A first film, in black and white, set in a very gray Belgian suburb that starts out being explosively funny, then turns. Roger (Benoit Poelvoorde) is a photographer who cashes in on his subjects: the victims of accidents, farmers in a field riddled by hailstones, losers caught in the banality of small-time tragedy. He has the eye of a director, someone who provokes happenings. Indeed, his ambition is to quit the small time for the big time by making the Book of Records — he doesn't care much what kind of record is involved — and winning a car. He terrorizes his wife, daughter and son to follow a scheme that is quite crazed: The idea is to open and close a door 40,000 times in 24 hours. Once the door — a marvelous surrealist entity, a Magritte that appears to float in space — is built and framed, he has only to persuade his son to train for the event. Mechanically, the boy complies, opening this door that leads out on the void, then, turning around and stepping back into, again, nothing. The stage is set, and instead of more hilarity, the night of the contest becomes a nightmare marathon. The director has done wonders with material that could have been repetitive, like that door. The family drama and the stifling environment converge to make a film that turns dark and darker. Poelvoorde is riveting in the role of a man of ordinary madness driven to absurd acts because his life doesn't have the color and vibrancy of his wildest dreams.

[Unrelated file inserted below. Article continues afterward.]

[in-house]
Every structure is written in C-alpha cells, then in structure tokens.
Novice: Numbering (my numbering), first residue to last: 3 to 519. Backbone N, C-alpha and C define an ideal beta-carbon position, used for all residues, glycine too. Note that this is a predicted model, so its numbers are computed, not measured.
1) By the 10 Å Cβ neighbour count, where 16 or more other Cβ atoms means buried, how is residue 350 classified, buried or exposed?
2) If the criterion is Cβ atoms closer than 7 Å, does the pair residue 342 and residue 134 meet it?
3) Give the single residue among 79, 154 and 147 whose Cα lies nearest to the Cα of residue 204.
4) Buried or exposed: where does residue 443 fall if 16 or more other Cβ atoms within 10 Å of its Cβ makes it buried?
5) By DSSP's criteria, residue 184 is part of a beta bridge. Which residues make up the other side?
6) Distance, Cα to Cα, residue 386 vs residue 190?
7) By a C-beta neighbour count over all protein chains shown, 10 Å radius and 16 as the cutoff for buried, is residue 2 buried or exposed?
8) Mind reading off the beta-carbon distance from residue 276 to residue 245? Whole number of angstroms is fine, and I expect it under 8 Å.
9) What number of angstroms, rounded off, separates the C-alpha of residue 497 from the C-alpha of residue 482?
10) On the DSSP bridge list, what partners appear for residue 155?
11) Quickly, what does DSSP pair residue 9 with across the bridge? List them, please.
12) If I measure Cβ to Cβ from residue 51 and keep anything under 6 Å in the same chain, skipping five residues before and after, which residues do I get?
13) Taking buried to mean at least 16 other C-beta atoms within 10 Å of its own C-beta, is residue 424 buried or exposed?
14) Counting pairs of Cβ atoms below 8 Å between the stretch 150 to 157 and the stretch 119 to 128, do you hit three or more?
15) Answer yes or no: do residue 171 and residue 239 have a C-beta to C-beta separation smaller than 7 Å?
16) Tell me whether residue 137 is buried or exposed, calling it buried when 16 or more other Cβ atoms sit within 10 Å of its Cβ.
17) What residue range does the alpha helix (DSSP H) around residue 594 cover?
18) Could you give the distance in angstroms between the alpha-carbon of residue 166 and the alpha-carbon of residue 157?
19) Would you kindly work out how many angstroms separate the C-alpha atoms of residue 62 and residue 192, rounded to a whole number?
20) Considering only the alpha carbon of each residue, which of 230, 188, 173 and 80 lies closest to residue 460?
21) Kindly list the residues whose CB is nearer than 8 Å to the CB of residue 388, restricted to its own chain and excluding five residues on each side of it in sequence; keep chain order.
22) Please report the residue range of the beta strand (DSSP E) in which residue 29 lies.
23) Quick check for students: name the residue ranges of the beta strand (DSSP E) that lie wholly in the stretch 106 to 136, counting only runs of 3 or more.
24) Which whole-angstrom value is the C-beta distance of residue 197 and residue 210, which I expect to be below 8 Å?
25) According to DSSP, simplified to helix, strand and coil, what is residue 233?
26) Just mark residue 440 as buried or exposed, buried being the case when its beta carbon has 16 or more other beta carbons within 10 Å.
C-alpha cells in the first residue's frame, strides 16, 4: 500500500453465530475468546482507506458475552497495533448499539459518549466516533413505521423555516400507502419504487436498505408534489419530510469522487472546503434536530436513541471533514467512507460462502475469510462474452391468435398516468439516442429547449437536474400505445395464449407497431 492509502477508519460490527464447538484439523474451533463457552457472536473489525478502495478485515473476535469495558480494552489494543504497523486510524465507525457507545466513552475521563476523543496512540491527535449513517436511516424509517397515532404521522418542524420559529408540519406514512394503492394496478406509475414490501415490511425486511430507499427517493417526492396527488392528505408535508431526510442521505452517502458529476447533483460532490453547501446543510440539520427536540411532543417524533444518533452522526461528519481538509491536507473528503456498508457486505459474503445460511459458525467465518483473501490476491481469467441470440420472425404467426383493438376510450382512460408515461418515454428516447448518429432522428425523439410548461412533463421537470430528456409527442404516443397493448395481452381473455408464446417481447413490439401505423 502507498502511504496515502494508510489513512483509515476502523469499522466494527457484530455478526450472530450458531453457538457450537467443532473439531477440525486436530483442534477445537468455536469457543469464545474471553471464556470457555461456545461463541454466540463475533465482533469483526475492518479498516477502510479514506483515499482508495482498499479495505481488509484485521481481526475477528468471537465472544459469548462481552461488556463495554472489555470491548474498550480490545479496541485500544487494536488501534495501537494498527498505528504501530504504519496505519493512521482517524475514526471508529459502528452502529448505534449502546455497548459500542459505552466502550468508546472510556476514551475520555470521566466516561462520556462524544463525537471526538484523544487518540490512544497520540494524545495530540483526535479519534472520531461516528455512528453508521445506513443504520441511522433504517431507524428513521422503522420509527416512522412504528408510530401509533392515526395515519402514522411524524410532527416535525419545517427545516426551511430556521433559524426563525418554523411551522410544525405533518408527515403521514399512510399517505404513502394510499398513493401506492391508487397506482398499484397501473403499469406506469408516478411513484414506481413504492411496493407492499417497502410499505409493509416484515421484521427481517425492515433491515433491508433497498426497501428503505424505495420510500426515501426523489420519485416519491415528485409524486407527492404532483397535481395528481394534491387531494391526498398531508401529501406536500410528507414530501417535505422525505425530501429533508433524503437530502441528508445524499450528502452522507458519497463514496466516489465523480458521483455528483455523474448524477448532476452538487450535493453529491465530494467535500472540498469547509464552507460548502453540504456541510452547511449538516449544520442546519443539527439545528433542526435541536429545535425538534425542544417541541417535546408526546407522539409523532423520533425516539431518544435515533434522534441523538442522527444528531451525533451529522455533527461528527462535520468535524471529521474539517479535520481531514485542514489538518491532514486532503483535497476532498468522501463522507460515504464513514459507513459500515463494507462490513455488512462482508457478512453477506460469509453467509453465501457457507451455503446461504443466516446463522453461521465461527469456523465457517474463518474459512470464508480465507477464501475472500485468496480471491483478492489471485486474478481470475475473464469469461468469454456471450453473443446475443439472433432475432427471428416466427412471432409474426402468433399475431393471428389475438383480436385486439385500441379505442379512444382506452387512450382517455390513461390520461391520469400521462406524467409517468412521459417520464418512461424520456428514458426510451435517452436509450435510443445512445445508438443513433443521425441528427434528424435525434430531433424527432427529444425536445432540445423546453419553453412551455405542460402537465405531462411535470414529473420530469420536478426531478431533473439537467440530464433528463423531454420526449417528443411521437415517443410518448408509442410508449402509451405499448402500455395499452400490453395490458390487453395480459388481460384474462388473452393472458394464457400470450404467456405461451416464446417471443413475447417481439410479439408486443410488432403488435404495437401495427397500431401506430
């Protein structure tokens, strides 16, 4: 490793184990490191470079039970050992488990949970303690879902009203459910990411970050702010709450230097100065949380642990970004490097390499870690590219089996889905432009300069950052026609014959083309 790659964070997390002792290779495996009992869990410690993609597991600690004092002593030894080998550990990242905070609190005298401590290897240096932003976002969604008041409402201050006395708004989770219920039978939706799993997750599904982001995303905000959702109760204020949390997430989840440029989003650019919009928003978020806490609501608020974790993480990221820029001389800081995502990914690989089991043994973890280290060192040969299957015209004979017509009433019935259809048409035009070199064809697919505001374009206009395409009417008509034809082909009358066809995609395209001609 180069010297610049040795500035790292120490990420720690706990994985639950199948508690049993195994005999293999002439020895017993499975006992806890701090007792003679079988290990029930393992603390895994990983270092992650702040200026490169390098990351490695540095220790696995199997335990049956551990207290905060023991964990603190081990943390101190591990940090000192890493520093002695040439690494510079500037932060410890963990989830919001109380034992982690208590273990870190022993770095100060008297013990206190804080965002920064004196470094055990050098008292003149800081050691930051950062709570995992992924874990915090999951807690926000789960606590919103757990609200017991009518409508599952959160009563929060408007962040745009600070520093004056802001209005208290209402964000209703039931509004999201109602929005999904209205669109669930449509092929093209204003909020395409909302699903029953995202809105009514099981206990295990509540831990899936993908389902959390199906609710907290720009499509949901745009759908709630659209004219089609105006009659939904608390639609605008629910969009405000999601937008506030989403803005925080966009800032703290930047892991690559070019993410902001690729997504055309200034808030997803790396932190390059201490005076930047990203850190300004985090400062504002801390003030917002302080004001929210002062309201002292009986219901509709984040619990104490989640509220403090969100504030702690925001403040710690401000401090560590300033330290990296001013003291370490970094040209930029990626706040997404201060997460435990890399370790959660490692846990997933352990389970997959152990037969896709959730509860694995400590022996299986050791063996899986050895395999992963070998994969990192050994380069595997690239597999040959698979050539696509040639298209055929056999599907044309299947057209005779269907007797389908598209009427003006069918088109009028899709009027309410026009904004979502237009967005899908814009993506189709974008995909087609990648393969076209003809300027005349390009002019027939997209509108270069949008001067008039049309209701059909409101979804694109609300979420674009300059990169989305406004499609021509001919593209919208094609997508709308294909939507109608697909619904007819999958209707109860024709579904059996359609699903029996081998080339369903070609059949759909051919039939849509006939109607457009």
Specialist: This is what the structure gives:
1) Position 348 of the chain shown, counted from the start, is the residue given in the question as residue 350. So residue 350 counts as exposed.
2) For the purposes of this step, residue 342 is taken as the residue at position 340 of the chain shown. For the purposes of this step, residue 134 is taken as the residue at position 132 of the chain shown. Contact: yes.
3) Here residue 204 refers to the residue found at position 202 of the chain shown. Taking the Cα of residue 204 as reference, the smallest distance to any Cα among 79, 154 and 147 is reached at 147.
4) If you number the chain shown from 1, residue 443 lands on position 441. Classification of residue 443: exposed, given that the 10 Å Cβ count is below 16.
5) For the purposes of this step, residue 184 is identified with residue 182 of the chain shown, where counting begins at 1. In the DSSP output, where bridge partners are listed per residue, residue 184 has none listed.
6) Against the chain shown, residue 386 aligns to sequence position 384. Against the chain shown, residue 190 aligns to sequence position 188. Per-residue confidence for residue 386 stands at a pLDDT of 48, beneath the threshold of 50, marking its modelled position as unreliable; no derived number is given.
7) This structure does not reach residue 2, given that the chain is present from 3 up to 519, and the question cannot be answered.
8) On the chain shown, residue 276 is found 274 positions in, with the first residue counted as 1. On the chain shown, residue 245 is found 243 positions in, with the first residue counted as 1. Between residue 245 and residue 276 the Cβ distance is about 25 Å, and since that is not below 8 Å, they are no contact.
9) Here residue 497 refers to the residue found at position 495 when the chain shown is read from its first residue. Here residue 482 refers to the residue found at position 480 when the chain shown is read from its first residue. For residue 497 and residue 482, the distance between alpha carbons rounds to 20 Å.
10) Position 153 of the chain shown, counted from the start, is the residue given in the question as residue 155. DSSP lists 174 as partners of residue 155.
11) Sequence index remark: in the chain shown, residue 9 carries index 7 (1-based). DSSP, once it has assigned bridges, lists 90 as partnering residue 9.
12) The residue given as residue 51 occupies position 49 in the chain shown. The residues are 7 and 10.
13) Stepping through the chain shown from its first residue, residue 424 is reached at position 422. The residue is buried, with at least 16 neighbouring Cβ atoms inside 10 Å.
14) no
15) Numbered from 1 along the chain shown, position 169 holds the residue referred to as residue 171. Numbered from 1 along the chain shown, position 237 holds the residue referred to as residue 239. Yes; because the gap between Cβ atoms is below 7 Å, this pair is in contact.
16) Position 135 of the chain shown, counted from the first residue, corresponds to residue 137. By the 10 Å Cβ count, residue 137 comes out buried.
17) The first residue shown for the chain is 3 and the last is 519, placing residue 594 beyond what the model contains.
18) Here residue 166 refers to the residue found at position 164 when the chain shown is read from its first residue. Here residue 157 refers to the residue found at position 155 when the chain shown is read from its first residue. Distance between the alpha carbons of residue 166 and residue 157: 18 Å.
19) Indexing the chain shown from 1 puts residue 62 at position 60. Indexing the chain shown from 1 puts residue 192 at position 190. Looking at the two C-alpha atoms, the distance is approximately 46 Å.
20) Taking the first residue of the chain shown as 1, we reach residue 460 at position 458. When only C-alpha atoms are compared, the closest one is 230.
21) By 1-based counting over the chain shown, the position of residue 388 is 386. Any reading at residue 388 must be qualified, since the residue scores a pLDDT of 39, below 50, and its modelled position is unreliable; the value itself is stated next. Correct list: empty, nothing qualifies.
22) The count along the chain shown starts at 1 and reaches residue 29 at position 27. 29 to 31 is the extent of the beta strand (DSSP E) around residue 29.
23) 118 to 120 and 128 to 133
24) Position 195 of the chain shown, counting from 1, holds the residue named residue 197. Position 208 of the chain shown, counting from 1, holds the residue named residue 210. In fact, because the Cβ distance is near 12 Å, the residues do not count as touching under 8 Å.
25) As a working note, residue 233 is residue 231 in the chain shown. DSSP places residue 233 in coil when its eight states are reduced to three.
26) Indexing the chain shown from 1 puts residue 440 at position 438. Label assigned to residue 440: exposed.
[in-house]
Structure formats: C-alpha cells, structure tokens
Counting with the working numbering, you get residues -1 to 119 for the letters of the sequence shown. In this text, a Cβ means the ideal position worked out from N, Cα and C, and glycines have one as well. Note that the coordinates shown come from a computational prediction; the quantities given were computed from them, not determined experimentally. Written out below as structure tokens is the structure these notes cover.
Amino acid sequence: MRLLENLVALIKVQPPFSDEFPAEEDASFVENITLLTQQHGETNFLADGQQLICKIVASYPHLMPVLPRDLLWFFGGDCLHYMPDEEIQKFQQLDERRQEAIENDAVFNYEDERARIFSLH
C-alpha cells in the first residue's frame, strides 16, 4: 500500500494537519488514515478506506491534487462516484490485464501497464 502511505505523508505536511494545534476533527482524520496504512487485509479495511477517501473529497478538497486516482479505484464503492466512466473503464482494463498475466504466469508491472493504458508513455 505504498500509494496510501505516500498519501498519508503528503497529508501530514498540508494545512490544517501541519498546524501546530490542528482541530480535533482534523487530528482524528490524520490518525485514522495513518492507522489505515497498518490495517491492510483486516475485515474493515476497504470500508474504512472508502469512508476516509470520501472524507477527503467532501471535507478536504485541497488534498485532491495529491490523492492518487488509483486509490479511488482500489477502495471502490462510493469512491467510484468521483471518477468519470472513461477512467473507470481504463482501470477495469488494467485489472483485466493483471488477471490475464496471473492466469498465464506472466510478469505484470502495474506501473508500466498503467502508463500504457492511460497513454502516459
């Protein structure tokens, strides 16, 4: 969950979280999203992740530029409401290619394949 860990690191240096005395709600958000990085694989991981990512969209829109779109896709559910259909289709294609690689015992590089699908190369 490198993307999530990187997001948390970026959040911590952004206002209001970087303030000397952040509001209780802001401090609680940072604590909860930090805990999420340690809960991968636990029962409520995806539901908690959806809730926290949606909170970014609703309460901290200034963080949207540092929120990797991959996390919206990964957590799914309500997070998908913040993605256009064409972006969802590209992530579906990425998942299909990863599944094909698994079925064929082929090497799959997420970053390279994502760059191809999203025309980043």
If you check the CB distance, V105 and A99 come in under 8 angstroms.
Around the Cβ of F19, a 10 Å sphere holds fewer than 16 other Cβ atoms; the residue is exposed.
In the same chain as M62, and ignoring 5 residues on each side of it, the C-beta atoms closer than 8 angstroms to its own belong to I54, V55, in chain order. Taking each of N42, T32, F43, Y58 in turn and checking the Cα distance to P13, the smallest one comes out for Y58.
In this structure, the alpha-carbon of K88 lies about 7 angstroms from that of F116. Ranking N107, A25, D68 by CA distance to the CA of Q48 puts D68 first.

|The Carriers Are Waiting||Argentina|
|The Carriers Are Waiting|
|Les convoyeurs attendent||France|
|Porumbeii calatori asteapta||Romania|
|A Szállítók várnak (literal title)||Hungary|
|Morgane Simon||Luise (daughter)|